Maggie and I went for our walk very early today. We normally walk down by the elementary school and then up by the old cotton mill which is two miles. I was daring today and took a deviation from our normal route and walked through the neighborhood next to mine. The disparity between that neighborhood and mine is stark and alarming, and it happens so abrupt. I call it Ghetto Land.
The biggest thing I noticed was the trash everywhere. There were hundreds of broken beer bottles lining the curb all as we walked. Maggie had to watch where she stepped and it worried me her foot would get cut. Beer cans and convenience store bags littered the yards. Big Rottweilers and Pitbulls on chains barked menacingly from front yards every few houses causing Maggie to jump back in alarm. It was an entirely bad idea and I am not usually afraid of such things due to my storied history and past. My aloofness can make me brave sometimes.
I stopped at the end of the neighborhood at the point the road transects with the housing projects. I stood and thought deeply for a moment and headed into a nicer neighborhood down the street. As kids, we would quickly take a short cut through the housing projects on our bikes. The black kids would run out and try to pelt us white kids with rocks in anger as we shouldn't be there. Luckily, they all had bad aim most of the time. We would peddle furiously and then break out in uproarious laughter as we emerged on the other side unscathed. It was fun and like running the gauntlet. That memory came flooding back as I stood there on the threshold of what we would call then as enemy territory.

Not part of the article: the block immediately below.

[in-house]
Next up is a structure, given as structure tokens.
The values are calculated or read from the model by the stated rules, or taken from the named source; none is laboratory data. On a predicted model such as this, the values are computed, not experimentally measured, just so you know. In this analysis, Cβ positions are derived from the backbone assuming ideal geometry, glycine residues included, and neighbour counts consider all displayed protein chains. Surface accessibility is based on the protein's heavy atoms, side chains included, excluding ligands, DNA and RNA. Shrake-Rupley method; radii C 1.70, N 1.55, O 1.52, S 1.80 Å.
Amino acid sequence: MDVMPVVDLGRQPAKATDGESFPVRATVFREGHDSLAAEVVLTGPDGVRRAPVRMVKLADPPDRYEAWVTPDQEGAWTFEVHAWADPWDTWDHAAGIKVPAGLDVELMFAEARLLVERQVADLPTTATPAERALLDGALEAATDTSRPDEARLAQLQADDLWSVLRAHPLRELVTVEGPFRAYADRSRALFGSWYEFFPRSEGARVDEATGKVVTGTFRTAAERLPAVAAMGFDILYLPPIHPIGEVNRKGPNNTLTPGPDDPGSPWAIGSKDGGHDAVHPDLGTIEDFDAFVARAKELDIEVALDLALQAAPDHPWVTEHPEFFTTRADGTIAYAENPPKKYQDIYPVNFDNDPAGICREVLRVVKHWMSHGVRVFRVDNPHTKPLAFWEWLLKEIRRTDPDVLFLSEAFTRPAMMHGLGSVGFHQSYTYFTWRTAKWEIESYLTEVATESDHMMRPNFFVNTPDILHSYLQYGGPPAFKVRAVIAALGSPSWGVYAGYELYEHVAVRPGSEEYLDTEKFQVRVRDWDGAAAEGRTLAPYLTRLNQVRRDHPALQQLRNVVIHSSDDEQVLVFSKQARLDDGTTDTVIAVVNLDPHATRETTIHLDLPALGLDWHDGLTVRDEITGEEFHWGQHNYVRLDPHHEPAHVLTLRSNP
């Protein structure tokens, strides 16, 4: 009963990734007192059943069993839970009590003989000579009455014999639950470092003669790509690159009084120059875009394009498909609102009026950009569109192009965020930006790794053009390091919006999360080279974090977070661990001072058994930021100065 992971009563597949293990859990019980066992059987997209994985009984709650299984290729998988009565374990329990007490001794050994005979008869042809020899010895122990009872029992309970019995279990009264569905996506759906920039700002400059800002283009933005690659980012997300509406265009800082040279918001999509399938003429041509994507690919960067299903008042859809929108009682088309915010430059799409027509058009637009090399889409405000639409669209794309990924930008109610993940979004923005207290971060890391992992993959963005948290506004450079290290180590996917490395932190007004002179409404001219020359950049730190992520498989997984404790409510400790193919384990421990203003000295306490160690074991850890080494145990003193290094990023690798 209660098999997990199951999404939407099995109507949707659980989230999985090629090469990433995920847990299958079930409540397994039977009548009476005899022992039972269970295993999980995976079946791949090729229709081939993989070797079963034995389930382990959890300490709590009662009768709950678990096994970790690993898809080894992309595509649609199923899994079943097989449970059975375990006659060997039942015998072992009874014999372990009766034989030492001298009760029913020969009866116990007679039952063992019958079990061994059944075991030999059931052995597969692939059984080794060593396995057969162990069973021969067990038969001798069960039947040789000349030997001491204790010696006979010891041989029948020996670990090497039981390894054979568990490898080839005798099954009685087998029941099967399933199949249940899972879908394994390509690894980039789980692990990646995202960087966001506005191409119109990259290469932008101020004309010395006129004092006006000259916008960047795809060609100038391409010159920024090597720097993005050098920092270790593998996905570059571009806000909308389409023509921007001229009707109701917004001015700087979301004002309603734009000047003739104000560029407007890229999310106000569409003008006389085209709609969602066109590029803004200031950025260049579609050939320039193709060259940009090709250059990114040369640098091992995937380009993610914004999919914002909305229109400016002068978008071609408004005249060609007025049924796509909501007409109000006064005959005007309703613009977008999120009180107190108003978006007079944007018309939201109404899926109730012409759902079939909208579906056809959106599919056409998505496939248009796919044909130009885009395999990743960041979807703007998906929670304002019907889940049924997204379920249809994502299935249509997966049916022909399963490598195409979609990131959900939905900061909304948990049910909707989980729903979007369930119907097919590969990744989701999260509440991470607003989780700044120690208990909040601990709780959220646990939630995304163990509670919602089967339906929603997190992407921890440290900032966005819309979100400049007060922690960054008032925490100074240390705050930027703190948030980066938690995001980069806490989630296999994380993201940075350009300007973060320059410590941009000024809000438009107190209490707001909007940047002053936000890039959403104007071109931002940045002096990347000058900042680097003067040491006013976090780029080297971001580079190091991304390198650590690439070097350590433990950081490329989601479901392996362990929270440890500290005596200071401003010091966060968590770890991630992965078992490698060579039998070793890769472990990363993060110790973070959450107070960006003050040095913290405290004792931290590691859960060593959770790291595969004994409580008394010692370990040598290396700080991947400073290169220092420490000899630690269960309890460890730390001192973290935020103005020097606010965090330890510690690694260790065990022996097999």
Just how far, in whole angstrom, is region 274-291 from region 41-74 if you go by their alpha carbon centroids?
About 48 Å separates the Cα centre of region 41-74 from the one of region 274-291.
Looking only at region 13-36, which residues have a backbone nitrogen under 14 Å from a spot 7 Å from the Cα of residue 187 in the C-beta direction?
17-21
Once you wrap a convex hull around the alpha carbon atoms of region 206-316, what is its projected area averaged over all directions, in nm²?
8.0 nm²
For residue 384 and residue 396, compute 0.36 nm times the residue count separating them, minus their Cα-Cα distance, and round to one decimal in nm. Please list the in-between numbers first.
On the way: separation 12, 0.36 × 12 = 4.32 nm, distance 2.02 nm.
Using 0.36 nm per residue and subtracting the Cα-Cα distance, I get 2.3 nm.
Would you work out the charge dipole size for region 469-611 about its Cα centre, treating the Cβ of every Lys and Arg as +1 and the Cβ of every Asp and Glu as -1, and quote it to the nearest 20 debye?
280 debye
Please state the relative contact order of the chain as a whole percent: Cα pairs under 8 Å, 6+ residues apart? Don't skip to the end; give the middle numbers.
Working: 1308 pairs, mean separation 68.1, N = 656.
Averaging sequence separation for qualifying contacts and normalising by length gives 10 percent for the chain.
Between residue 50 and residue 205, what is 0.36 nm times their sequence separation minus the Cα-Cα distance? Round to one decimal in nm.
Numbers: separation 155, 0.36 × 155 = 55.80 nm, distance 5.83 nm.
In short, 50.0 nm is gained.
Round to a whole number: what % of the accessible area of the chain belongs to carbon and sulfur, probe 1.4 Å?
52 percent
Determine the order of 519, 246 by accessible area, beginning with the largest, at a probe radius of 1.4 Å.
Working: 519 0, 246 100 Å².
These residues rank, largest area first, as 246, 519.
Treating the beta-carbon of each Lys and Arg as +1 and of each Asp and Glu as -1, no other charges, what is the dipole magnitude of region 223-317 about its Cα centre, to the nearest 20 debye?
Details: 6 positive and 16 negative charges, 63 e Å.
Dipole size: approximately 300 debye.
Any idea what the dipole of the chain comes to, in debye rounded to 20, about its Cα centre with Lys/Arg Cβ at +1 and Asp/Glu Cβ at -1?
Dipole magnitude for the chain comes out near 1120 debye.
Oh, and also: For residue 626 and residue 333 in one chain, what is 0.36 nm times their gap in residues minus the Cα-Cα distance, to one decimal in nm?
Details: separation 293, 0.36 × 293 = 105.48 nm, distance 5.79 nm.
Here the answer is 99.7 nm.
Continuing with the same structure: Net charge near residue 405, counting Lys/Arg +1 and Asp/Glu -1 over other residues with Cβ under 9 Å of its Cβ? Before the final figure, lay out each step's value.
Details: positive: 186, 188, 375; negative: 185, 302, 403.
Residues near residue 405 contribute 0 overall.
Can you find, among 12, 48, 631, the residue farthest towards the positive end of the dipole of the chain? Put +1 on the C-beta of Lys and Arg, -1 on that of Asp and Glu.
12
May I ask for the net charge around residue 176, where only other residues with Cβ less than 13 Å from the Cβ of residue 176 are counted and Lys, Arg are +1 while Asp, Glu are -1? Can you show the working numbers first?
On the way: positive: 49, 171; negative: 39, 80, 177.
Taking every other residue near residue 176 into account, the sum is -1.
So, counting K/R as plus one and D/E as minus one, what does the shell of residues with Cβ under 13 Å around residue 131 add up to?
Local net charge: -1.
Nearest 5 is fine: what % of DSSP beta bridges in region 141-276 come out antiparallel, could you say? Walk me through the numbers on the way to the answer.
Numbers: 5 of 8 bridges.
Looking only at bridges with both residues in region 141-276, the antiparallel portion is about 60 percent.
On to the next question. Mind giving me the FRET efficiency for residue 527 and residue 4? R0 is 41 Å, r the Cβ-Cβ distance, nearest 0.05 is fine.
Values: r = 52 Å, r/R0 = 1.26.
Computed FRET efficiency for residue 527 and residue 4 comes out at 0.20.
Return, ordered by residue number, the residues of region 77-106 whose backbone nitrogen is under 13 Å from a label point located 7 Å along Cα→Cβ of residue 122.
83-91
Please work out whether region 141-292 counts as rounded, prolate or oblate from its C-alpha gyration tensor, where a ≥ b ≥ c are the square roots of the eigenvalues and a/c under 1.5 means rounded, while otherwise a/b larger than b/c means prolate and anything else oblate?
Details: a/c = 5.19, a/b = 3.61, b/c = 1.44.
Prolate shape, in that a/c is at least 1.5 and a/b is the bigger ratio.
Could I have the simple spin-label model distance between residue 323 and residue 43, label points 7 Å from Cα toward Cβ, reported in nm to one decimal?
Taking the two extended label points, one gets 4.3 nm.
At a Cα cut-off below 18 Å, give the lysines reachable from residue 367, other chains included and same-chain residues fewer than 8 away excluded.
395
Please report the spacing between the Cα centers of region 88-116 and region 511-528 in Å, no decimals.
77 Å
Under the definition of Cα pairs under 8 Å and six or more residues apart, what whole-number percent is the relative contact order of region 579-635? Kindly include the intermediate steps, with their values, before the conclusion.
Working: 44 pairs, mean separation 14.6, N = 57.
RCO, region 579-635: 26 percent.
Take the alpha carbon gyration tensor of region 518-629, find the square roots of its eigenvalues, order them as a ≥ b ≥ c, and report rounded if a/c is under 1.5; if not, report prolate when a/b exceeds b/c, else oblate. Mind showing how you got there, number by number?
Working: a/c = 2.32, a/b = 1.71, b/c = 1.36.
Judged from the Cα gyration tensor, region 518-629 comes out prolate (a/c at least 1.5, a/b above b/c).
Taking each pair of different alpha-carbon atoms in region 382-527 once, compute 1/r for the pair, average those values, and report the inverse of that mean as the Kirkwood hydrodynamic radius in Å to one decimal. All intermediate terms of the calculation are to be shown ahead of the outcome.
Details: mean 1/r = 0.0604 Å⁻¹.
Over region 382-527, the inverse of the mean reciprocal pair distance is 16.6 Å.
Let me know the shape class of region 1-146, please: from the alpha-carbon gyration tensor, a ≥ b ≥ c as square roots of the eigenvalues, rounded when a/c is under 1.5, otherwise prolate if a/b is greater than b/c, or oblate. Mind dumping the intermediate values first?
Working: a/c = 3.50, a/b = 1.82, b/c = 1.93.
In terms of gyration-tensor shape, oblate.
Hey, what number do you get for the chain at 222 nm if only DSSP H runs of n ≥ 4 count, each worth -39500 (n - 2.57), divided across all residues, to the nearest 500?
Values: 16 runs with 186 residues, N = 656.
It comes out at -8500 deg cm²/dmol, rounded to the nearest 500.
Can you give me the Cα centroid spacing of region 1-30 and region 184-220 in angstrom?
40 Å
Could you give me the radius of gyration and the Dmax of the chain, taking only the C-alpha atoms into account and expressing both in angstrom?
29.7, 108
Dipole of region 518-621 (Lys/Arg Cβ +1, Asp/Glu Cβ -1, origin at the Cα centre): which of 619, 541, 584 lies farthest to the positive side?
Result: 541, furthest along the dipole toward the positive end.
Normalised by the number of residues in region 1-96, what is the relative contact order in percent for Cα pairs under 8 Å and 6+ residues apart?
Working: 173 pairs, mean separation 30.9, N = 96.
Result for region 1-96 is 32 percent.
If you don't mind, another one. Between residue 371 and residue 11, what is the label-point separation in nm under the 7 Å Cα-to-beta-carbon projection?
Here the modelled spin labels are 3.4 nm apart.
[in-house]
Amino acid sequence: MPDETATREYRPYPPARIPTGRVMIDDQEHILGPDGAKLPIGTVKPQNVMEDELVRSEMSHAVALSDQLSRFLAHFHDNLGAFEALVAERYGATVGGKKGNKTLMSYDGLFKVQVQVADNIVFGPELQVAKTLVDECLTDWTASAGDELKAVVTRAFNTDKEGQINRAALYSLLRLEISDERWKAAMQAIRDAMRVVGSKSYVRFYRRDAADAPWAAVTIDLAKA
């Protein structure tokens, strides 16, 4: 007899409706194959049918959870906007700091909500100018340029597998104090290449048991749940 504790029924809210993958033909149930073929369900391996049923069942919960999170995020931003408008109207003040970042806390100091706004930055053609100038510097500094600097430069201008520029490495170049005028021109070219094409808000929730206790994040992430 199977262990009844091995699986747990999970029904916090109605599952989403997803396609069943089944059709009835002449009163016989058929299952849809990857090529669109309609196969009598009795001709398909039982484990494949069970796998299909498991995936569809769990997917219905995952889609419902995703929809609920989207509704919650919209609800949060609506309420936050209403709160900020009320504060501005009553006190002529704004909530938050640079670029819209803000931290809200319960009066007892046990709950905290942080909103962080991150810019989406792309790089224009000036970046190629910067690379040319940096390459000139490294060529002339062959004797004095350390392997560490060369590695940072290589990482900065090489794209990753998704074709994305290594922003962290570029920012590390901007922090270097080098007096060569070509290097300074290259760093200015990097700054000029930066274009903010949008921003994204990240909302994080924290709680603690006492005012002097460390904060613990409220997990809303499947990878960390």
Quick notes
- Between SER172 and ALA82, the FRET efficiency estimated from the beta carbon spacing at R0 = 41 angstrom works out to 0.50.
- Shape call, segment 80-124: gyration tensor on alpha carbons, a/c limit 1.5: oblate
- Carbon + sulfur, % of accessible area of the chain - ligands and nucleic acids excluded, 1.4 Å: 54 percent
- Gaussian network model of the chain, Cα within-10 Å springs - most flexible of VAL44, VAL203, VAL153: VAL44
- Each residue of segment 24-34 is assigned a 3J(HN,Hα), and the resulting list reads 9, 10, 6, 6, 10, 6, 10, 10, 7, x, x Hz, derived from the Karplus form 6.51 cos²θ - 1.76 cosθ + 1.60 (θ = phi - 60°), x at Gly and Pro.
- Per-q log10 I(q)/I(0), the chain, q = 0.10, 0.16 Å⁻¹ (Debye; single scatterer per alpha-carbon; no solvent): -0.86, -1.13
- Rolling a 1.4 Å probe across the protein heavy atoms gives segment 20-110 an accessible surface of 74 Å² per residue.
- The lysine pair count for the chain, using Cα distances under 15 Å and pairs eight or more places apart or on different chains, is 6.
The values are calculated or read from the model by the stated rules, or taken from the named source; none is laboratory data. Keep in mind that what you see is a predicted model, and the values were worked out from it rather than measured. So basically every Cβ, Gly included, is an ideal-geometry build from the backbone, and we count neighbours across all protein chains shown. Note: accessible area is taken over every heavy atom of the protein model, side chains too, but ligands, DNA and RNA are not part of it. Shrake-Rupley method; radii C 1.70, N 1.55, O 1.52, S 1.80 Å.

Today was grocery day and much needed it was. I was out of everything and I was looking forward to my coveted box of unfrosted strawberry Poptarts. Grocery day actually starts on Wednesday when Mom will call me and ask me what I need. It takes about six frantic calls for mom to finally be content that I've told her everything. Dad was laying in the bed yesterday when the calls where going on and heard mom in her bedroom. He said last night that he was listening in and thought, "That must be driving Andrew crazy! He's going to have a panic attack!" I laughed. It doesn't bother me. It actually makes me smile.
Mom started buying my groceries when I had an exceptionally bad bout with my mental illness. I could barely go out of the house without a panic attack. Mom thankfully took over the reigns from dad and began this routine. Mom actually likes doing it much to my surprise despite her propensity to lay in the bed and dread everything. Mom just adores doctor appointments, errands, and such things. She also loves to write checks on my checking account and buy me stuff. It is kind of like shopping for mentally ill people. And the tradition continues despite me feeling much better these days. Thank goodness.